YouTube videos that formed the Buffalo shooter remained online five days after the tragedy

The YouTube videos the Buffalo shooter watched to illegally modify his rifle were still available on the site five days after the shooting that killed 10 black people in New York City.

Some of the videos appear to violate YouTube’s Community Guidelines, which prohibit content showing how to install gun accessories.

In a letter to YouTube, advocacy group Everytown for Gun Safety Support Fund called on the video platform to enforce its policies.

“Based on our review of the shooter’s writings during the mass shooting in Buffalo, it appears that he honed his knowledge of firearms and firearm modifications on YouTube. Just days before his attack, posts attributed to the shooter on Discord read, “I just watched youtube [sic] and shit the last few days. This is the closest I will ever be to being ready”.

“Technology platforms, such as YouTube, have a responsibility to users and the general public to ensure that posts do not incite violence or promote extremist content. In fact, YouTube’s own guidelines the YouTube community are talking about it, explicitly limiting posts that sell guns or provide instructions on how to make or modify guns.

“Yet, as noted below, the shooter’s own writings provide links to several videos on YouTube – still available to this day – demonstrating that he used your rig to learn how to build and modify firearms. , then later sought to instruct future mass shooters with the same material.

The videos cited by the shooter feature titles such as “How to Make Your AR-15 NY and CA Compliant”, “How to Remove a California Bullet Button and Install a Magazine Version”, and “The AR-15 Rifle – Top Assembly and lower + Prop Tips.” There are dozens of videos that the shooter references in his writings, the letter states.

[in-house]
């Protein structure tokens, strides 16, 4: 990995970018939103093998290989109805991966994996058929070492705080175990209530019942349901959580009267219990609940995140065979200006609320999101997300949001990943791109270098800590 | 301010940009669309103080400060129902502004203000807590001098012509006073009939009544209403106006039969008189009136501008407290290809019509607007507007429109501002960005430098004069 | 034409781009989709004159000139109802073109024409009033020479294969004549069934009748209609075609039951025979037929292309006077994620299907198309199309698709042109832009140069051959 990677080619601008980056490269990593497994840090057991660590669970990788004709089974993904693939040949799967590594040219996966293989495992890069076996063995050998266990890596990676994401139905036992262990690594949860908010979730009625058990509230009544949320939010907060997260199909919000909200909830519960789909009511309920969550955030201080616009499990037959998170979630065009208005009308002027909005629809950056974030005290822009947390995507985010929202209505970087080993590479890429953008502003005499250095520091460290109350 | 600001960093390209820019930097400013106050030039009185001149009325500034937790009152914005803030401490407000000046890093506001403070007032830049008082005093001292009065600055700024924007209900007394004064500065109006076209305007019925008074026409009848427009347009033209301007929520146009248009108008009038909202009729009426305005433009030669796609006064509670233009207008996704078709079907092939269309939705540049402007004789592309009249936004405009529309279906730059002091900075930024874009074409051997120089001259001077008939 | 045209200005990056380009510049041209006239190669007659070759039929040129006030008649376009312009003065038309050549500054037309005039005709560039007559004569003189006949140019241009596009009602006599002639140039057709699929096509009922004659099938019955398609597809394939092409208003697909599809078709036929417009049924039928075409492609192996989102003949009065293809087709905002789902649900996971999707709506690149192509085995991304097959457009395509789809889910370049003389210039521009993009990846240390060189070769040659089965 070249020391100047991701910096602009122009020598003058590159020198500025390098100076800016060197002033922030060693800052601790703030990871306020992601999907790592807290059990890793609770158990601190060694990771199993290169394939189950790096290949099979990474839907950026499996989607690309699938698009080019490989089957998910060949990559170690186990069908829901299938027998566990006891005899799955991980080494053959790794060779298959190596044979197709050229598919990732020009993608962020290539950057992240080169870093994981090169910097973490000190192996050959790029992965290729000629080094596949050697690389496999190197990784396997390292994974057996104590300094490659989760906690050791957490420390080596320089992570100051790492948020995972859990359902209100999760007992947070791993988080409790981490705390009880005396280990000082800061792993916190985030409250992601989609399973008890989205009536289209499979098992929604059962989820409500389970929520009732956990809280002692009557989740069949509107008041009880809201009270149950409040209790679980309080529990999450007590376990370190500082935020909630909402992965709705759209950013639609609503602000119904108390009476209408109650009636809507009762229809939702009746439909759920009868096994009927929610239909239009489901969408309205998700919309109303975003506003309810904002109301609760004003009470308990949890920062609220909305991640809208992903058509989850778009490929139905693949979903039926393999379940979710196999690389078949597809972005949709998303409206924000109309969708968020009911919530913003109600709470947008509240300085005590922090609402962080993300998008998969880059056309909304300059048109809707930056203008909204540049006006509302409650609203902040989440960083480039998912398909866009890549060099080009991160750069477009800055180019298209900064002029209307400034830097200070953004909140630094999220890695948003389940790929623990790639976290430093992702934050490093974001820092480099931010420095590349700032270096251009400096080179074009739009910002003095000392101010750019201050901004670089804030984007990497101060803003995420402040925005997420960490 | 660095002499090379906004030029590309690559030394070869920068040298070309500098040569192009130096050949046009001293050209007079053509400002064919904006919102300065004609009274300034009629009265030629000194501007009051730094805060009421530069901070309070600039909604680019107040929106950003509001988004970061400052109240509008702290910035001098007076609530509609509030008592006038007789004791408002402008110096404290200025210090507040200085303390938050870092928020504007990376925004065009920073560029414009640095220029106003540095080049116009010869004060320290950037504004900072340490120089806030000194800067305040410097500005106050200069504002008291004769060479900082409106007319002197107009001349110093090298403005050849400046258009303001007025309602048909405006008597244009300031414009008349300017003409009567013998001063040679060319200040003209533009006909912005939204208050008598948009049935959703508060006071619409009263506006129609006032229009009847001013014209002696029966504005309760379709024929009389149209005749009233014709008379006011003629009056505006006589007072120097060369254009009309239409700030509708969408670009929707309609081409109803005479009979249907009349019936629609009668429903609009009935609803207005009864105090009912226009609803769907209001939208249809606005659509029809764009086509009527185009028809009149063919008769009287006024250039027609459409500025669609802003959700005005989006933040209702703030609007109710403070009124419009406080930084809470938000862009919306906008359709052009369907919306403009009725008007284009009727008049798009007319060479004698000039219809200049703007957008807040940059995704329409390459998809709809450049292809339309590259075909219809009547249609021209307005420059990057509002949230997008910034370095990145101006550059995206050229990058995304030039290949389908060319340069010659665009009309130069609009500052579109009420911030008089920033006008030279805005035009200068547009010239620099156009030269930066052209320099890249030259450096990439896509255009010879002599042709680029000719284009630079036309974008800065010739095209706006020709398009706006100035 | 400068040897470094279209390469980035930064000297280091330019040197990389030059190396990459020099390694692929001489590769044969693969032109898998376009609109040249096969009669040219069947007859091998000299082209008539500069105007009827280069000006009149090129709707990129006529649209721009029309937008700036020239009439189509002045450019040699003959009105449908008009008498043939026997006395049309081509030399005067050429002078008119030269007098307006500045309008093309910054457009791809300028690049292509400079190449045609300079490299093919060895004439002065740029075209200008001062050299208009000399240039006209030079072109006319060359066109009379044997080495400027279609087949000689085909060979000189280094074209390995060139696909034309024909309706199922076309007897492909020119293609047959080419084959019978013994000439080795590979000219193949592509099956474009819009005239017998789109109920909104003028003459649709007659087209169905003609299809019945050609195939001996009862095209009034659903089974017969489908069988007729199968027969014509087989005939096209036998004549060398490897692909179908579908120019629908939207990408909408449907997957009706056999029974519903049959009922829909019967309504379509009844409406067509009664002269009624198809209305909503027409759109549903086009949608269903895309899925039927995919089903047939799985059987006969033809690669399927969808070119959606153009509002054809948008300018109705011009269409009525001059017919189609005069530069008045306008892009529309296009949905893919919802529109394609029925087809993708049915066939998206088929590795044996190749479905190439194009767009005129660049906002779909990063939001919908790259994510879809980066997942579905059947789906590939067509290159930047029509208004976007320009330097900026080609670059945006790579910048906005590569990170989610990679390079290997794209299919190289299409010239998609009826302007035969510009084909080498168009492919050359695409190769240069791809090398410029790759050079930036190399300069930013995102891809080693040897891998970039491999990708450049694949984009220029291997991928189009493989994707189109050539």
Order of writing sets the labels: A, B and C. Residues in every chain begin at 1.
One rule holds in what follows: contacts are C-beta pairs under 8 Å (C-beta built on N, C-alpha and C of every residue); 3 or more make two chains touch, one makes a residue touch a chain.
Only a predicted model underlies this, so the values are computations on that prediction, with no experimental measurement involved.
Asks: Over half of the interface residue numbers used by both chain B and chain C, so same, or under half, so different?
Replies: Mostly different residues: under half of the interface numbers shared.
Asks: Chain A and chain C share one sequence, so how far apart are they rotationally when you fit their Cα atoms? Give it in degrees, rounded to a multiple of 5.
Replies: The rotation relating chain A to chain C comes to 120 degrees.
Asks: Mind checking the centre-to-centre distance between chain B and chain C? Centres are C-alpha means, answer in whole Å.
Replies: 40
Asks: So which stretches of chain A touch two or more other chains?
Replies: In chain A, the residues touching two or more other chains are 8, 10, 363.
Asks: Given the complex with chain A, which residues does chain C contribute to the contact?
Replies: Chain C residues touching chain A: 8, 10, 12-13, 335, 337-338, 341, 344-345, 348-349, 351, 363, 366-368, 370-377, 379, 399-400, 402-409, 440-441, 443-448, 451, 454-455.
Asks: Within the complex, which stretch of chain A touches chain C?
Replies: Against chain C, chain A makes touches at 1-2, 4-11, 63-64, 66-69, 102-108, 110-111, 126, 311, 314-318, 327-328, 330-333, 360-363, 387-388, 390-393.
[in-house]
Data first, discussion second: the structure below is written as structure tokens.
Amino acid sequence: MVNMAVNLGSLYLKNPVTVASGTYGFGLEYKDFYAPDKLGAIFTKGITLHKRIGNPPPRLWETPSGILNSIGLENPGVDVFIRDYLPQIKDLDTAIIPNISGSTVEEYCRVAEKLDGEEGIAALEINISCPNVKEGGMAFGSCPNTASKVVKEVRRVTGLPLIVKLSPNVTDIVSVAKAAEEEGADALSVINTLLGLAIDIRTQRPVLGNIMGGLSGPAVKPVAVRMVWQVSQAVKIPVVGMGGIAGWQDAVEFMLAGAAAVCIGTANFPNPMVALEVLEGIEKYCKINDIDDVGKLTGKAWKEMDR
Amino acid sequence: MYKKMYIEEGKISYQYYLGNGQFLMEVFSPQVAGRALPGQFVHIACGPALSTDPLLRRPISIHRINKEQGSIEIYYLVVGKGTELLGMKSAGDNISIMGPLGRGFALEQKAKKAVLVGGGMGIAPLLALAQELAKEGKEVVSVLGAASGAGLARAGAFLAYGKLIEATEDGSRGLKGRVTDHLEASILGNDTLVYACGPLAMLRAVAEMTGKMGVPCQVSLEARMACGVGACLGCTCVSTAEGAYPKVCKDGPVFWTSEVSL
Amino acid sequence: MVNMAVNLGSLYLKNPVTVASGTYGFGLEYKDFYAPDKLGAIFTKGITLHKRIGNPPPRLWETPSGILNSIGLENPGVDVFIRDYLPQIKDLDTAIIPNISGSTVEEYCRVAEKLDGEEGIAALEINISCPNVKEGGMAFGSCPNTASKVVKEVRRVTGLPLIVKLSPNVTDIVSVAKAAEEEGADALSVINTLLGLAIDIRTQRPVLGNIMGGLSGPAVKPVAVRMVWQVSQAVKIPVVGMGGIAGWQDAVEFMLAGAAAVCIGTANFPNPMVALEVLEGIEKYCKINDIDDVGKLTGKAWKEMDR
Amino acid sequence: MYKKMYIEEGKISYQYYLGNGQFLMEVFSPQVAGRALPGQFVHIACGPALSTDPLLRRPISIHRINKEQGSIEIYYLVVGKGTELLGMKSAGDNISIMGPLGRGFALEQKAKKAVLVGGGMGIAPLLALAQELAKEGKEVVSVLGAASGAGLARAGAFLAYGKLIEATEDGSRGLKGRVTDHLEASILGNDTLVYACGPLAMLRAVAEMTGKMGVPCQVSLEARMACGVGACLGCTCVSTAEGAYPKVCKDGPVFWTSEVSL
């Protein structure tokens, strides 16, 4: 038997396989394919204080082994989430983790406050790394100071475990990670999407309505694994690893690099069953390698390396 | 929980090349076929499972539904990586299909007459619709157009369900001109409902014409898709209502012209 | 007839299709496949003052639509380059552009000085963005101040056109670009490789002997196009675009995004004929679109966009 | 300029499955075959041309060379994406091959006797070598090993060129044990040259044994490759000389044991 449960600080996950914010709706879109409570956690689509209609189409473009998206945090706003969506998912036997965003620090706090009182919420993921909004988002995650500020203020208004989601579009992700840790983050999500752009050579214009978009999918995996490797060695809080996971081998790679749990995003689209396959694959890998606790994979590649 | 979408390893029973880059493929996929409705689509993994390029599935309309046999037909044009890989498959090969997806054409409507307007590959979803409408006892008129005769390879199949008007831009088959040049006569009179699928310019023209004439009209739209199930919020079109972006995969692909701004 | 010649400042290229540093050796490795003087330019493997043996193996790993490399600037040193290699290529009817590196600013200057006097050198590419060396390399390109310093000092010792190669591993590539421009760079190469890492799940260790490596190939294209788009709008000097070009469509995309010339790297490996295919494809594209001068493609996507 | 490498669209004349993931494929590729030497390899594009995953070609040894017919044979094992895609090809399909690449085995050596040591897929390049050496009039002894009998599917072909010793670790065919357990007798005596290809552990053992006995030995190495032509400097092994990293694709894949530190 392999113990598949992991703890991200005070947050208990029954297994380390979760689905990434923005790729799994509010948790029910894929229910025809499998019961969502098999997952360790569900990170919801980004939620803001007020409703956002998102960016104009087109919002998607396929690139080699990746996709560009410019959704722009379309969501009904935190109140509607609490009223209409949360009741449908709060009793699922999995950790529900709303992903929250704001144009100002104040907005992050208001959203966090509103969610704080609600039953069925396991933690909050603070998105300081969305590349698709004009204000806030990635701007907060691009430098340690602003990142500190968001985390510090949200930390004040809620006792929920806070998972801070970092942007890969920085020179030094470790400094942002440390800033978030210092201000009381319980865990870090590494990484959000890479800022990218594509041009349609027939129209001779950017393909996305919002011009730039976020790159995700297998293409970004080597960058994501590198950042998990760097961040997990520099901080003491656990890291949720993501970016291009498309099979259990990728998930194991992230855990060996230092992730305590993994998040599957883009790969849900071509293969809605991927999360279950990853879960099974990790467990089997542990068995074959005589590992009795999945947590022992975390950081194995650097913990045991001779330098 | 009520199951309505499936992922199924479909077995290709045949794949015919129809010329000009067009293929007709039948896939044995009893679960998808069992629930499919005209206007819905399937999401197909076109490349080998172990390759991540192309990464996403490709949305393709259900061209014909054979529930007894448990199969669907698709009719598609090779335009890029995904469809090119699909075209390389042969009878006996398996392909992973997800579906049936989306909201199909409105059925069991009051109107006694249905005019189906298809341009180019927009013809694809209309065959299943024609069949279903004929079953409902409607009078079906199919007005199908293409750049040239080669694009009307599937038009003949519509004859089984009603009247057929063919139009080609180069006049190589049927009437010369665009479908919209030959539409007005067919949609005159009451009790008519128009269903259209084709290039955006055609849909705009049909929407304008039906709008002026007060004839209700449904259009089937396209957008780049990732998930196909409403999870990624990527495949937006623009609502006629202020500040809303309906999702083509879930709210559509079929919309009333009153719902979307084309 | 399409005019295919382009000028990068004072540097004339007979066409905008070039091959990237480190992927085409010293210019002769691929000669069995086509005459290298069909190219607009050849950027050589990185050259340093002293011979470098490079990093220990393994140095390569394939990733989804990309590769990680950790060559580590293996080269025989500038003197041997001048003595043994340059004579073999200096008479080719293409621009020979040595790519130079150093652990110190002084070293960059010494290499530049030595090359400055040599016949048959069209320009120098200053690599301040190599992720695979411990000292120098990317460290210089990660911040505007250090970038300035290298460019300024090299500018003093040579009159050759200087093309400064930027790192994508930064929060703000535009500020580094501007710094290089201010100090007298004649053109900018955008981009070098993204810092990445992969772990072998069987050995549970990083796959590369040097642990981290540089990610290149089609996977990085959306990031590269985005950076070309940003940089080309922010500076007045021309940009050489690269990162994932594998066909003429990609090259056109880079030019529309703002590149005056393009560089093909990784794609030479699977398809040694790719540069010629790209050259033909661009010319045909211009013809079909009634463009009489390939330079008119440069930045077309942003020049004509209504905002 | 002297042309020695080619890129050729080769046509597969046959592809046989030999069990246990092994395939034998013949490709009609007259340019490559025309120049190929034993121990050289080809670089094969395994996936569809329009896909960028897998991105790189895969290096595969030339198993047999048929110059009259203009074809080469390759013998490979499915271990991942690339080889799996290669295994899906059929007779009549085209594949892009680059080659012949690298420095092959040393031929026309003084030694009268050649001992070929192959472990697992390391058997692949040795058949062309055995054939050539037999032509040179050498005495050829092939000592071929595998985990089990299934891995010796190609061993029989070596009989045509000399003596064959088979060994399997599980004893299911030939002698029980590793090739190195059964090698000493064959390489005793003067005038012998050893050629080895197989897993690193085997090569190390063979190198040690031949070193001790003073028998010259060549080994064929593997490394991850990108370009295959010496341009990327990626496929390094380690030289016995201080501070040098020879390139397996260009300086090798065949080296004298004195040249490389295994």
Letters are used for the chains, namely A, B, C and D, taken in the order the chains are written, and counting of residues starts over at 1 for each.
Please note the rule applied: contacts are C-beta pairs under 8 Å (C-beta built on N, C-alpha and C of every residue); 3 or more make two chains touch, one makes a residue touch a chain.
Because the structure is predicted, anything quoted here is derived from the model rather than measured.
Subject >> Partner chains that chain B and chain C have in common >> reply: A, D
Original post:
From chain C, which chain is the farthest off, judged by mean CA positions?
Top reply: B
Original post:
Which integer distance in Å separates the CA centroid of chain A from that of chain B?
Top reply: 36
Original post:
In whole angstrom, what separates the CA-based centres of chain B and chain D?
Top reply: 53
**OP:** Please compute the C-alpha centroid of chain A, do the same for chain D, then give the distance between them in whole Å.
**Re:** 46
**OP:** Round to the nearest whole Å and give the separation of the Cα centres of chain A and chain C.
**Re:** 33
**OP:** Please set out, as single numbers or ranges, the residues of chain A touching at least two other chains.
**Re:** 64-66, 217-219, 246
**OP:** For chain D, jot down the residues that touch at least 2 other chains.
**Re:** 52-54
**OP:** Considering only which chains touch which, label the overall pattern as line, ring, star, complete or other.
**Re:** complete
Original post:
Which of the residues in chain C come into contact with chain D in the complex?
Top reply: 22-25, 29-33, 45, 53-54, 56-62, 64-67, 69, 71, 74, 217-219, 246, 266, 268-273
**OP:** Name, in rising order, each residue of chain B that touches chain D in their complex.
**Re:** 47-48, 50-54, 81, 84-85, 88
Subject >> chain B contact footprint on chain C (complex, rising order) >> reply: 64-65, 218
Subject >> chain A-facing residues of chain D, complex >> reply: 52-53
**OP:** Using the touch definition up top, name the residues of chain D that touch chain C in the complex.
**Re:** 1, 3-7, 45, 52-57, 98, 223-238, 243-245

“We’ll never know the full extent of what the shooter learned about gun modification on YouTube, but in his own words, ‘daily reminder that I’m not a mechanic or a gunsmith, so bear with me. ‘ These videos showing how to modify weapons allow untrained people to quickly develop the expertise necessary to be able to modify weapons in dangerous ways,” he continues.

YouTube did not respond to a request for comment by post time.

The video giant is having difficulty moderating its platform due to the volume of content on it. While filming Christchurch in New Zealand in 2019, the YouTube team had to work through the night trying to identify and remove tens of thousands of videos – many repackaged or recut versions of the original footage that showed the horrible murders.

As soon as the group shot one down, another popped up, as quickly as one per second within hours of the shoot, according to YouTube product manager Neal Mohan.

YouTube had to take unprecedented steps to fix the problem, including temporarily disabling several search functions and cutting out human review features to speed up video removal.

However, YouTube can also be used to radicalize shooters. An 800-page report on the 2019 shooting argued that “YouTube was an important source of information and inspiration” for the shooter, who was “not a frequent commentator on far-right sites”, according to New Zealand Prime Minister Jacinda Ardern, speaking on the report.

“We have made significant progress in our work to combat hate speech on YouTube since the tragic attack in Christchurch,” a YouTube spokesperson said in an email at the time. “In 2019, we strengthened our hate speech policy, resulting in the removal of channels mentioned in the report and a five-fold increase in the number of hate videos removed from YouTube.”

Raymond T. Helms